Precious Future

I have spread my dreams beneath your feet. Tread softly because you tread on my dreams.
W.B. Yeats


Mini Yoga Sessions During the Day at Your Desk

We know that exercise can cut our stress during the day by helping to release tension and toxins while flooding our bodies with the positive effects of oxytocin. Many medical professionals advise talking lunch-hour walks to fight stress at work.

But teacher's days aren't the same as other professionals. We often don't get lunch "hours" alone, we are usually responsible for playground, cafeteria or hall duty during our time. Teacher planning hours are seldom long enough to walk around campus.

A meaningful alternative is to steal little bits of time throughout the day to use for yoga breaks--not crazy goat-on-a-steep-hill poses which would dirty your clothes or make you feel nutty, but simple little stretches that can be incorporated into your day whenever you have a moment to stretch and breathe--even if you must keep thinking. Once you learn the poses you'll find ways to use them.

Marcia Langenberg, a teacher at the University of Alberta and a yoga practitioner, has posted an easy-to-follow series of tiny, free movies on-line showing indoor, seated yoga poses. You don't have to leave your room, or you can do these poses in a break room--some will even work in a bathroom.

The movies can inspire you to find ways to move and create a release for the day's tension, so they are well worth considering to add to your stress reduction toolbox.


Mid-Week Snapshot

A teacher's brain the night before grades are due, after reading 30 student essays.


We Will Prevail!

Little minds are tamed and subdued by misfortune, but great minds rise above them. --
Washington Irving

We Don't Teach Well When We are Burnt-out

Leadership does not always wear the harness of compromise.--Woodrow Wilson


Deciding What You Want Ends Burnout

If you don't know where you are going,
you'll end up someplace else. ~

Yogi Berra


Mid-Week Snapshot / Dressed for Success

Why do I even bother wearing "professional" clothes when my professional meetings look like this?


A Beautiful Future

The future belongs to those who believe in the beauty of their dreams.
Eleanor Roosevelt


Surviving Burnout

You're happiest while you're making the greatest contribution. --Robert F. Kennedy


Mid-Week Snapshot / When Will We Be Paid Fairly?

Alas, School Boards Keep a Tight Fist Over the Money
Teachers Will Be Paid Well When Pigs Fly
(though if we work together, we could teach that pig...)


Hope for Ending Burnout

The power of imagination makes us infinite.~~
John Muir

Changing Ourselves

Happiness depends upon ourselves.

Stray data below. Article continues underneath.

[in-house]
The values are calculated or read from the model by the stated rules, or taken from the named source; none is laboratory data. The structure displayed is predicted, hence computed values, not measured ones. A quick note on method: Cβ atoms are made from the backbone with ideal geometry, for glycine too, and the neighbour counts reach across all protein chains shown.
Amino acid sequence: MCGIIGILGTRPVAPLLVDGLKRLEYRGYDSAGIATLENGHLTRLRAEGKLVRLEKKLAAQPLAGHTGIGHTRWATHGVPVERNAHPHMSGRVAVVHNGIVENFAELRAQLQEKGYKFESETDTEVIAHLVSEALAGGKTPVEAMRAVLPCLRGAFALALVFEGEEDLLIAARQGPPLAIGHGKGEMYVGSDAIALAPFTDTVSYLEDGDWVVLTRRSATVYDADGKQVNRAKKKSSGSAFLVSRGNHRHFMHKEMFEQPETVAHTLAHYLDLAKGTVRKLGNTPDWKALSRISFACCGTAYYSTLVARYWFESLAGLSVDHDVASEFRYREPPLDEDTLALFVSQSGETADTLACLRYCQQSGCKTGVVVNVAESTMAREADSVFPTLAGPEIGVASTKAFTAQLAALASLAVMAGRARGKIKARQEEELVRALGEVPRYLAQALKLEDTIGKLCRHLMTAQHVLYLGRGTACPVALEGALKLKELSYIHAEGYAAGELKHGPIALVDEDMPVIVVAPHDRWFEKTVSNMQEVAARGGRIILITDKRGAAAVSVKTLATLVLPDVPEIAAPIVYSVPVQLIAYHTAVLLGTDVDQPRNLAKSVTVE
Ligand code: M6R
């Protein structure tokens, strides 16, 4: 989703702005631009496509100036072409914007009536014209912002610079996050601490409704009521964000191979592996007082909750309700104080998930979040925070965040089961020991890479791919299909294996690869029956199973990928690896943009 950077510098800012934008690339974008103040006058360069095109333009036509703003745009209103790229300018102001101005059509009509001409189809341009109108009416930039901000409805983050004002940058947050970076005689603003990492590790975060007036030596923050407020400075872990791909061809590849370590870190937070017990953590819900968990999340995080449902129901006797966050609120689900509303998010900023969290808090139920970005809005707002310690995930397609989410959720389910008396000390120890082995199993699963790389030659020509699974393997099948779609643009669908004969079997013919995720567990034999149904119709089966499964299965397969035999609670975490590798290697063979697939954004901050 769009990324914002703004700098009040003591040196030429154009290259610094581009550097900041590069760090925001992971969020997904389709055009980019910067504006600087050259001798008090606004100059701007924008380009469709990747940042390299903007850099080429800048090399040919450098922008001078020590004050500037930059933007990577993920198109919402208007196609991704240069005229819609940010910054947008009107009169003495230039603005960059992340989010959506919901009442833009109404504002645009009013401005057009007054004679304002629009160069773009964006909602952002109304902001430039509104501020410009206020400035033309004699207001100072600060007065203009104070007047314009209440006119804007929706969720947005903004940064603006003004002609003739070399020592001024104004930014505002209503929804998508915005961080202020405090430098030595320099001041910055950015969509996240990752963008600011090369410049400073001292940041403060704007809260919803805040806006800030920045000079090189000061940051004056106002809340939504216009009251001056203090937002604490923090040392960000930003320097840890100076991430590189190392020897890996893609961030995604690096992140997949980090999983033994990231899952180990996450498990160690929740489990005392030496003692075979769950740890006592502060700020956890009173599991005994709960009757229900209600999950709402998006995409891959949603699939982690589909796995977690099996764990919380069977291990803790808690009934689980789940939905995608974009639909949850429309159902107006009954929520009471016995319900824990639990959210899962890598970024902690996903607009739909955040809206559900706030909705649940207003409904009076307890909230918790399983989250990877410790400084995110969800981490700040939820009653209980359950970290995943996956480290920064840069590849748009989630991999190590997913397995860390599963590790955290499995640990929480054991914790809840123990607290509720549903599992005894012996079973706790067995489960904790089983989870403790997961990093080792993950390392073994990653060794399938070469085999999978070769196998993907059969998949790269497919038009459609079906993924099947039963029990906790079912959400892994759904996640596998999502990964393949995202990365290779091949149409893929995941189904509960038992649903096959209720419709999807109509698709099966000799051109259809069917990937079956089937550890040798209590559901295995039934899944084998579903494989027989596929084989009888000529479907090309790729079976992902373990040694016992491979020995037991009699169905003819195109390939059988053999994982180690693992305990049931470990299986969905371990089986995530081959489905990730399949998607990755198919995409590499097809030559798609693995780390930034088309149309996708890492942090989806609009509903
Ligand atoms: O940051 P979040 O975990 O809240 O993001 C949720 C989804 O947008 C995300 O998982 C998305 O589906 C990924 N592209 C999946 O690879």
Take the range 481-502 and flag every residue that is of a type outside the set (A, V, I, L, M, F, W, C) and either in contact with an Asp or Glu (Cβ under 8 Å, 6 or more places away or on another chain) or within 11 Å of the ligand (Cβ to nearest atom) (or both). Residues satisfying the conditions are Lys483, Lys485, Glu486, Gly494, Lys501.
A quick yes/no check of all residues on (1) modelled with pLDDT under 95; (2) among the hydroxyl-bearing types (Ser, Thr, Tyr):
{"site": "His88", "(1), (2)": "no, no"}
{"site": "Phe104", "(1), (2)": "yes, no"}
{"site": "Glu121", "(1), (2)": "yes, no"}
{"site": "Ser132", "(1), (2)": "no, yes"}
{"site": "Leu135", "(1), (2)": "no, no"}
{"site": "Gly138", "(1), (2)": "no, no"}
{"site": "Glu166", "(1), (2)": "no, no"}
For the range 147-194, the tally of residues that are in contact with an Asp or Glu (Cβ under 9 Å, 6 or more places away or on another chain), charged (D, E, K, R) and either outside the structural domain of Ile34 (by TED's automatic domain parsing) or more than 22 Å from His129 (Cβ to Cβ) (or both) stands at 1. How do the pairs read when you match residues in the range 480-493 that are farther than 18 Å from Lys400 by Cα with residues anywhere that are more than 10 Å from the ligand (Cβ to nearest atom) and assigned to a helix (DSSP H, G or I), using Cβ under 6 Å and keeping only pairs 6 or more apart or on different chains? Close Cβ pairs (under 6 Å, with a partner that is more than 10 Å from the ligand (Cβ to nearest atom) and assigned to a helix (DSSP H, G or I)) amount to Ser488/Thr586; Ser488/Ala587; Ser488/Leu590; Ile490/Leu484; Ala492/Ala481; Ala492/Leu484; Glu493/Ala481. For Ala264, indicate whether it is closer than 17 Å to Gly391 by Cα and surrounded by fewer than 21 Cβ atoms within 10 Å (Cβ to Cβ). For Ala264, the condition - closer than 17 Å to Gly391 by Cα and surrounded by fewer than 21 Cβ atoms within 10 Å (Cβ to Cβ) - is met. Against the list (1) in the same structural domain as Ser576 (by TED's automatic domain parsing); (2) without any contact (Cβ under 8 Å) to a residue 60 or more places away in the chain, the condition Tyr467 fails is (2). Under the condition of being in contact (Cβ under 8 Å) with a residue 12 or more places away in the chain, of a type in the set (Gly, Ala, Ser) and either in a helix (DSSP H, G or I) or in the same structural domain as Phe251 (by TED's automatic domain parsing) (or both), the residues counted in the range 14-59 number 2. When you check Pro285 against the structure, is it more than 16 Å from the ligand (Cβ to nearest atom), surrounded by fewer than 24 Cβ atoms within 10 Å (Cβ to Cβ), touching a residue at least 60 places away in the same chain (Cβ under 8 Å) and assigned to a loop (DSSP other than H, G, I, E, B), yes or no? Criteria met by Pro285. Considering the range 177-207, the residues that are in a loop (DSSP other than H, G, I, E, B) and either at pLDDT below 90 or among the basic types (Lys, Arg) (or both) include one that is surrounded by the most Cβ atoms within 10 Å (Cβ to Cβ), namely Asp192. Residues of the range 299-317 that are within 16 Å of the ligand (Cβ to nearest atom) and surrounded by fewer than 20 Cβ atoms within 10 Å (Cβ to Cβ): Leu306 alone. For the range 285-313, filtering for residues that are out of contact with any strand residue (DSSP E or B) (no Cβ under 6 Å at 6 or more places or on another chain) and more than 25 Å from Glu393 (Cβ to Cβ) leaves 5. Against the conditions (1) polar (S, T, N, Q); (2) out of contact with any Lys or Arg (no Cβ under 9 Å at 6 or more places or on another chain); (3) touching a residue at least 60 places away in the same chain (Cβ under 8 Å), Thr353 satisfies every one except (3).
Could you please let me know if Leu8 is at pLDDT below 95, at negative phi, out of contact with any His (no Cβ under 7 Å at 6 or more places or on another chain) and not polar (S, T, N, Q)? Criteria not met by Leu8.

Mid-Week Snapshot / No Recess

On rainy days, we play board games instead of having recess outside.


Recovery from Burnout

You're happiest while you're making the greatest contribution.~~
Robert F. Kennedy


Mid-Week Snapshot: Escape


Rising Above

Live up to the best that is in you: Live noble lives, as you all may, in whatever condition you may find yourselves. ~
Henry W. Longfellow

Preventing Teacher Burnout by Looking at the Big Picture

"You must have long-range goals to keep from being frustrated by short-range failure" ~ Charles Nobel


What would be your price tag to change jobs?

We may speak the same language, but apparently the state of teaching in Australia is very different than in the U.S.

Australia's teacher crisis is that they have many new teachers, but older teachers aren't leaving spots for them. To encourage them to move on to other careers, according to the Courier Mail, a grant program was started--but it didn't have a full quota of applicants:

"UP to $18 million in "career change" grants
will be paid out to nearly 360
older primary school teachers being
jettisoned by Education Queensland to make
way for new graduates.
figure falls short of an estimated
$25 million that would have been
paid out if the full quota, set at 500
teachers, had successfully applied
for what has been dubbed the 'burn-out

American teachers couldn't image this happening in US schools. In the US, school districts have special programs trying to recruit teachers from any field to fill slots, and people leave with no compensation to start over. I've had days where I would have left if someone offered me Haagen Daz and a plastic spoon! We need to study what is going on right in Australian schools.


Teachers with Burnout Midweek Snapshot

Can rewards prevent burnout?

Here is a link to an article about how employees benefit from rewards, no matter how small. It's interesting to think about the times in your career when you felt rewarded, and how that differs from the times you have not.

It's part of a series of articles about reducing turnover; it's worth a look for inspiration or insight.


Are teachers slaves?

A letter to the editor in the September 18th Post and Courier at thinks teachers have been treated like slaves. She wrote after reading a previous letter to the editor that stated that teachers needed to work more hours, including Saturdays, to improve South Carolina's educational system.

Most teachers have heard their working hours described as easy before---summers off, only work until 3 p.m. But anyone who has actually known a teacher knows that many more hours, and many Saturdays and Sundays too, are spent by teachers working to provide quality services.

The writer said:

"Slavery was outlawed nearly a century and a half ago, but it is still being
practiced in the South Carolina educational system. Teachers at a school I have
visited start their day at 7 a.m. The children begin to come in a 7:15 a.m. The
day ends at 2:30 p.m. That's seven hours. They go to lunch and recess with their
students. They have no official planning period and no bathroom break. The only
time teachers have time during the day when they can make plans, go to the
bathroom and straighten up the classroom is when their students go to a
specialist, such as music. Two of these teachers with whom I spoke do not get
this "free" time until after 1 p.m.

I don't think it is legal to deprive someone of a break of some kind for six hours. Imagine not being able to relieve yourself for that long. When the children leave school, the teachers I talked with said they always have a meetings or training session to attend.

The letter writer suggested teachers should work on Saturday. In fact,
every teacher I talked with does. They also work until five, six and even until
10 at night — voluntarily — for no extra pay other than the satisfaction that
they have done their jobs well. "


Teachers with Burnout Mid-Week Snapshot


USA Today Covers Kozol's Protest Against No Child Left Behind

USA Today reports that Kozol is continuing his partial fast. He has lost 29 pounds but has gained inches and minutes of news coverage. The USA Today article says: